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  • Like Malthus, Ricardo owes his reputation very largely to the theory associated with his name, though it has long ceased to be stated precisely in the terms he employed.
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  • To speak of " additional labour and capital " without reference to the kind and quality of the labour and capital, and the manner in which they are employed, organized and directed, throws very little light on agriculture.
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  • He employed the theory with wonderful success in unravelling the problems of his time.
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  • We know that he had been employed by that king to prepare the siege-train for his attack on Stirling in 1304.
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  • Ever active, he employed himself in the narrower sphere of repairing the castle and improving its domains and gardens, in shipbuilding on the Clyde, and in the exercise of the virtues of hospitality and charity.
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  • The wood of the spruce is also employed in the manufacture of wood-pulp for paper.
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  • The fibrous tough roots, softened by soaking in water, and split, are used by the Indians and voyageurs to sew together the birch-bark covering of their canoes; and a resin that exudes from the bark is employed to varnish over the seams. It was introduced to Great Britain at the end of the 17th century and was formerly more extensively planted than at present.
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  • The wood is inferior to that of Picea excelsa, but, being soft and easily worked, is largely employed in the countries to which it is indigenous for all the purposes of carpentry.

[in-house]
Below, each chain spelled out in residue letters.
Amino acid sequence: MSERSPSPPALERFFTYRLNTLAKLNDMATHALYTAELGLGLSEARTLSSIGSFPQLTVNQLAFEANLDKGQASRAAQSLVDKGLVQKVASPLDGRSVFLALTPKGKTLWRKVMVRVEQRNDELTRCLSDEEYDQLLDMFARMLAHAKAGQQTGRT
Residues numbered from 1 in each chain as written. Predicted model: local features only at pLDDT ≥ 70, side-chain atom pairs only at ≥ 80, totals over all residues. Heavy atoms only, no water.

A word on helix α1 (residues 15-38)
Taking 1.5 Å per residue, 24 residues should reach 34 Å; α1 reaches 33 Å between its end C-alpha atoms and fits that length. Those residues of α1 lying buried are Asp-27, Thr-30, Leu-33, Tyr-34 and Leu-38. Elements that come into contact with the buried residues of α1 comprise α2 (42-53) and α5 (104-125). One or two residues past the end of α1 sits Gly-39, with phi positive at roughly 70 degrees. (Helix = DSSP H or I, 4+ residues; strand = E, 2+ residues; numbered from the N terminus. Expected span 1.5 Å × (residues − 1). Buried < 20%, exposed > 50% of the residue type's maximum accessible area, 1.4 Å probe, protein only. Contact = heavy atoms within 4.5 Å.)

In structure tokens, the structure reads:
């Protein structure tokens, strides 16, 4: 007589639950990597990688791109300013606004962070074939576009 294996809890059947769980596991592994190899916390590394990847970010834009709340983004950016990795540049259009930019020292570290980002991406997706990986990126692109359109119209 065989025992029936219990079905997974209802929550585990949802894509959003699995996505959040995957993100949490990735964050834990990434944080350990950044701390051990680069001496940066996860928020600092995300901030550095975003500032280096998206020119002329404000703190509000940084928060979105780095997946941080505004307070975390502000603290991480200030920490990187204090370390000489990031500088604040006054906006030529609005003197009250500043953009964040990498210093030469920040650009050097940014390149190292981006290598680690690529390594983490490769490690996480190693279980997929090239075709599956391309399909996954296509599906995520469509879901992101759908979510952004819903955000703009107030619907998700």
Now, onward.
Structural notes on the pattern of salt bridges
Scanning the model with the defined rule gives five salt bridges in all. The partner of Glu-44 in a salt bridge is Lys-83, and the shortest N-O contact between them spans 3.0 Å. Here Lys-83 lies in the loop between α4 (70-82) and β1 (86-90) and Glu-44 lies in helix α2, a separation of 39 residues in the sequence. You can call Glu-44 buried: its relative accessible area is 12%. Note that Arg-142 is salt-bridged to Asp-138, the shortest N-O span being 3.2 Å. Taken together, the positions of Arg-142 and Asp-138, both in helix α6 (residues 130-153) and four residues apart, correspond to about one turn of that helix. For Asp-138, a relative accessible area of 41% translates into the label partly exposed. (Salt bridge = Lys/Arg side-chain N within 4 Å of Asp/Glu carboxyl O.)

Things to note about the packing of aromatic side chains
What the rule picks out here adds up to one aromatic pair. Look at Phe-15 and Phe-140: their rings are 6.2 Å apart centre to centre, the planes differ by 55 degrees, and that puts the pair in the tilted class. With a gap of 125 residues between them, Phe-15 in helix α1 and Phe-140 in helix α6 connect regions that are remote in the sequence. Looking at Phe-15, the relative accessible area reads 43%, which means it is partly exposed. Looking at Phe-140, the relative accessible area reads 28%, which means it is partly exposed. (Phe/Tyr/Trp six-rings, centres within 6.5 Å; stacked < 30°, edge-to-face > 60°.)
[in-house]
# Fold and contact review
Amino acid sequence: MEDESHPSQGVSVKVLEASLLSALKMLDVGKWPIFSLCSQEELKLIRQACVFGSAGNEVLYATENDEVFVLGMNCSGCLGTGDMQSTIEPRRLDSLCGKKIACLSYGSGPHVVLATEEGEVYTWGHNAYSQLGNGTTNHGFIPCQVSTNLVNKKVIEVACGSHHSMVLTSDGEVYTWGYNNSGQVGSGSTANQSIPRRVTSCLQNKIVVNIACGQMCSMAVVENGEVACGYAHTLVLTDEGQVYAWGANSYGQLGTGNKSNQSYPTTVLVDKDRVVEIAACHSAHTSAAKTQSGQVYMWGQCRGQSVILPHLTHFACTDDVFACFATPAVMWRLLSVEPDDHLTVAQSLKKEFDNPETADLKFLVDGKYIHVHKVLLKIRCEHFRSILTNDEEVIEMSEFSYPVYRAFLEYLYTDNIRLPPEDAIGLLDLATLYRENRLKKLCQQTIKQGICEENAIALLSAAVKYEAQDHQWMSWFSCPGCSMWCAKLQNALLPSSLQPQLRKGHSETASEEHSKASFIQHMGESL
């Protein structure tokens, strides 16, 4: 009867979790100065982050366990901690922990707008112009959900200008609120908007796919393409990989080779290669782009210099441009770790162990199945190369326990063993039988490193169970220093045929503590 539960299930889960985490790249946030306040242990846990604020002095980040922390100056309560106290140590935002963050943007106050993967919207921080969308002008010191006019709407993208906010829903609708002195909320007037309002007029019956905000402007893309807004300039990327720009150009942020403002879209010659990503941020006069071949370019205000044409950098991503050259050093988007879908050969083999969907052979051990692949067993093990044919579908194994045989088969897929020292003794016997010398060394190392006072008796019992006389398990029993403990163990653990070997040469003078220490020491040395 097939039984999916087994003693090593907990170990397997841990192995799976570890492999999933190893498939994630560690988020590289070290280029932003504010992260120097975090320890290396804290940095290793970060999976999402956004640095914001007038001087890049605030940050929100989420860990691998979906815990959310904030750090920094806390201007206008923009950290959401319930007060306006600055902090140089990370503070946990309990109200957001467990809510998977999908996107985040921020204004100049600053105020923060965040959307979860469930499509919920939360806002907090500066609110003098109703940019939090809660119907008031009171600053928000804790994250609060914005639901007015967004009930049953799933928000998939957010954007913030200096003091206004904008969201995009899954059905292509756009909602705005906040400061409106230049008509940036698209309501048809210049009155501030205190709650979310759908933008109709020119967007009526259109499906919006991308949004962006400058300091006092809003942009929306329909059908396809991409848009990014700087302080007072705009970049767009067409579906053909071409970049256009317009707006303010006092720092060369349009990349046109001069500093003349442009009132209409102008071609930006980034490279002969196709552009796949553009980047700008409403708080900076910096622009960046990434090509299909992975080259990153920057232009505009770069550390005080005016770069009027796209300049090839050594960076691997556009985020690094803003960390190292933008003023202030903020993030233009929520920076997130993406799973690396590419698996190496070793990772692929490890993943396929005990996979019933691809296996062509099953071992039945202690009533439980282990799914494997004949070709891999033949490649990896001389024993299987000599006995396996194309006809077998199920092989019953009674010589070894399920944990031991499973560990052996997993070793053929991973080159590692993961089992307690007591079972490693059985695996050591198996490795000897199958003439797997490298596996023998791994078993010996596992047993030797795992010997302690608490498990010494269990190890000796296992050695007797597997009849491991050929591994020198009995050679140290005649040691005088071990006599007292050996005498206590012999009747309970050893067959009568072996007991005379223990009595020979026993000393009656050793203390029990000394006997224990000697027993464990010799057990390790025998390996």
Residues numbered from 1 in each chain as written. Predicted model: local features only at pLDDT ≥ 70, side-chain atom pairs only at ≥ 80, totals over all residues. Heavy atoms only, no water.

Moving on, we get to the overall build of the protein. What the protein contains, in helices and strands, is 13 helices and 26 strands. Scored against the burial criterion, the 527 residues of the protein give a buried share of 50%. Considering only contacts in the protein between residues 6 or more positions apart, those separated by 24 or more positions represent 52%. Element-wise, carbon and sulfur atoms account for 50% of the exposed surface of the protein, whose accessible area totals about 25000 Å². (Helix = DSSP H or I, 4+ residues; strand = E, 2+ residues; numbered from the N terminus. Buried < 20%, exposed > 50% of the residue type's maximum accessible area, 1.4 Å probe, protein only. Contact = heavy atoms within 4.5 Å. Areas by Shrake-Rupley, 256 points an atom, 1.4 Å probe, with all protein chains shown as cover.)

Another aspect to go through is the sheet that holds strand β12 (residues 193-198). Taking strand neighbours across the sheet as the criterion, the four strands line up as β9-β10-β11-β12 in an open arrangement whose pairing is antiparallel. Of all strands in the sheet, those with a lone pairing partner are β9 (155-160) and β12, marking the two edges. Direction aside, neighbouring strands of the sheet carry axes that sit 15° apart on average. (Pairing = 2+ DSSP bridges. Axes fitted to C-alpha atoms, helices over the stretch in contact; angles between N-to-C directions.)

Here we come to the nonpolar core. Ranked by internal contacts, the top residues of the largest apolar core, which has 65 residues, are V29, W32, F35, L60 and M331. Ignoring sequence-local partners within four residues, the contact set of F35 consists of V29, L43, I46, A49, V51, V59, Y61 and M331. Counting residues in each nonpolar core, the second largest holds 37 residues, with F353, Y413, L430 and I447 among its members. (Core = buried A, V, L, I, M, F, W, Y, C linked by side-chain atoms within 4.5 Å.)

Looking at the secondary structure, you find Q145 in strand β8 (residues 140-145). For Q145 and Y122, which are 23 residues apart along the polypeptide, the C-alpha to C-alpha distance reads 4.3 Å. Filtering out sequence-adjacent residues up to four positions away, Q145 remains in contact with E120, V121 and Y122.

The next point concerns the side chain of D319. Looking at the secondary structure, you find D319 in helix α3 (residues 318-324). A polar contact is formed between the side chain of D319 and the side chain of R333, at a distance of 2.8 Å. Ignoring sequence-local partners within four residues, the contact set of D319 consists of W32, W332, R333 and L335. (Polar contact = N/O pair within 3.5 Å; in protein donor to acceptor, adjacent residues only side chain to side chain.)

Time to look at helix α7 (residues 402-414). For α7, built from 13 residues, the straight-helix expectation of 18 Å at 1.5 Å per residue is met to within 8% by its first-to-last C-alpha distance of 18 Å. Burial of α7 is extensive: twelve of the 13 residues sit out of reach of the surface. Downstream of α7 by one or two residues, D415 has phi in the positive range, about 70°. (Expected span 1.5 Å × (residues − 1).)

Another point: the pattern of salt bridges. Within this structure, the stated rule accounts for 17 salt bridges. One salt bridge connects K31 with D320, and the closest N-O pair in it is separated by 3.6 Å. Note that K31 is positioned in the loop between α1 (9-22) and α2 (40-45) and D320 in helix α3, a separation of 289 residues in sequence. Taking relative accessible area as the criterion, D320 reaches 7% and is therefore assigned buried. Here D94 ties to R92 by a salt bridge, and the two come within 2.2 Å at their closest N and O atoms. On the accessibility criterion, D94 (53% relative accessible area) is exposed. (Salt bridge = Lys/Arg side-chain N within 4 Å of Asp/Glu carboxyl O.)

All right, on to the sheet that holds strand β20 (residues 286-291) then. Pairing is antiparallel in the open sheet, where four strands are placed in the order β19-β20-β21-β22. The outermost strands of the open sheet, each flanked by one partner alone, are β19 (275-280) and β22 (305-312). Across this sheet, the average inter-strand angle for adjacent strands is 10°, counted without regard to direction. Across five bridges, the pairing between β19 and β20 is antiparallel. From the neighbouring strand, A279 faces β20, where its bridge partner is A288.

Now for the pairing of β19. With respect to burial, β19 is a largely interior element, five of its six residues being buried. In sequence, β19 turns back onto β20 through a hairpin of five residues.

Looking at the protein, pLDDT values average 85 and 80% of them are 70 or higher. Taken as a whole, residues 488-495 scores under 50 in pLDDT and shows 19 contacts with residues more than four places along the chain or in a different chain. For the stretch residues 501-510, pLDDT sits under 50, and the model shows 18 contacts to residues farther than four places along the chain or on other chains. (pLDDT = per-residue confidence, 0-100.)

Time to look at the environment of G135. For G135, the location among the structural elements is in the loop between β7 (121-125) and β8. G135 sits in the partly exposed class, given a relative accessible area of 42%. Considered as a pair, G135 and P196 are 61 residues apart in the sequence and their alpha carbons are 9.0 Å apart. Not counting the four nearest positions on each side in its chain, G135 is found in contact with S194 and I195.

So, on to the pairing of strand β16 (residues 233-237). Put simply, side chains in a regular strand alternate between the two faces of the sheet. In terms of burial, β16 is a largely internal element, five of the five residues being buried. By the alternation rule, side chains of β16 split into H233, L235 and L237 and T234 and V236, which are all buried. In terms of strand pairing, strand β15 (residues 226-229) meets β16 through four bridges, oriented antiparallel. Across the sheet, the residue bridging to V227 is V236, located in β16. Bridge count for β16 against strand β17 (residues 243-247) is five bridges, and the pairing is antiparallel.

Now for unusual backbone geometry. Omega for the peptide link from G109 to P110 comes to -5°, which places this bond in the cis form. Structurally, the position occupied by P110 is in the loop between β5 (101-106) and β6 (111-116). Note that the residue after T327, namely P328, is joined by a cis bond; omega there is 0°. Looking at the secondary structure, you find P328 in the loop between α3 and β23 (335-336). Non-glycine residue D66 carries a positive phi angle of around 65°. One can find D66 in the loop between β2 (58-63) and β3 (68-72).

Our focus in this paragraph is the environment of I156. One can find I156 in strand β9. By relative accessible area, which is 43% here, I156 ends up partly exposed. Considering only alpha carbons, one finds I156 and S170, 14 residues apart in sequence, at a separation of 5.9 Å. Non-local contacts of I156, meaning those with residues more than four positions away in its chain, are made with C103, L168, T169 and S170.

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  • During this and the following year he was employed in saving Sweden from the attacks of Peter the Great, and in arranging the pacification of the north.
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  • The faculty employed in this further investigation is no "separate moral faculty," but that same reason which is the source of all our knowledge - ethical and other.
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  • We have already seen that De Blainville, though fully persuaded of the great value of sternal features as a method of classification, had been compelled to fall back upon the old pedal characters so often employed before; but now the scholar had learnt to excel his teacher, and not only to form an at least provisional arrangement of the various members of the Class, based on sternal characters, but to describe these characters at some length, and so give a reason for the faith that was in him.
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  • That the palatal structure must be taken into consideration by taxonomers as affording hints of some utility there can no longer be a doubt; but perhaps the characters drawn thence owed more of their worth to the extraordinary perspicuity with which they were presented by Huxley than to their own intrinsic value, and if the same power had been employed to elucidate in the same way other parts of the skeleton - say the bones of the sternal apparatus or even of the pelvic girdle - either set might have been made to appear quite as instructive and perhaps more so.
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  • After 1655 he was employed and patronized by the Hon.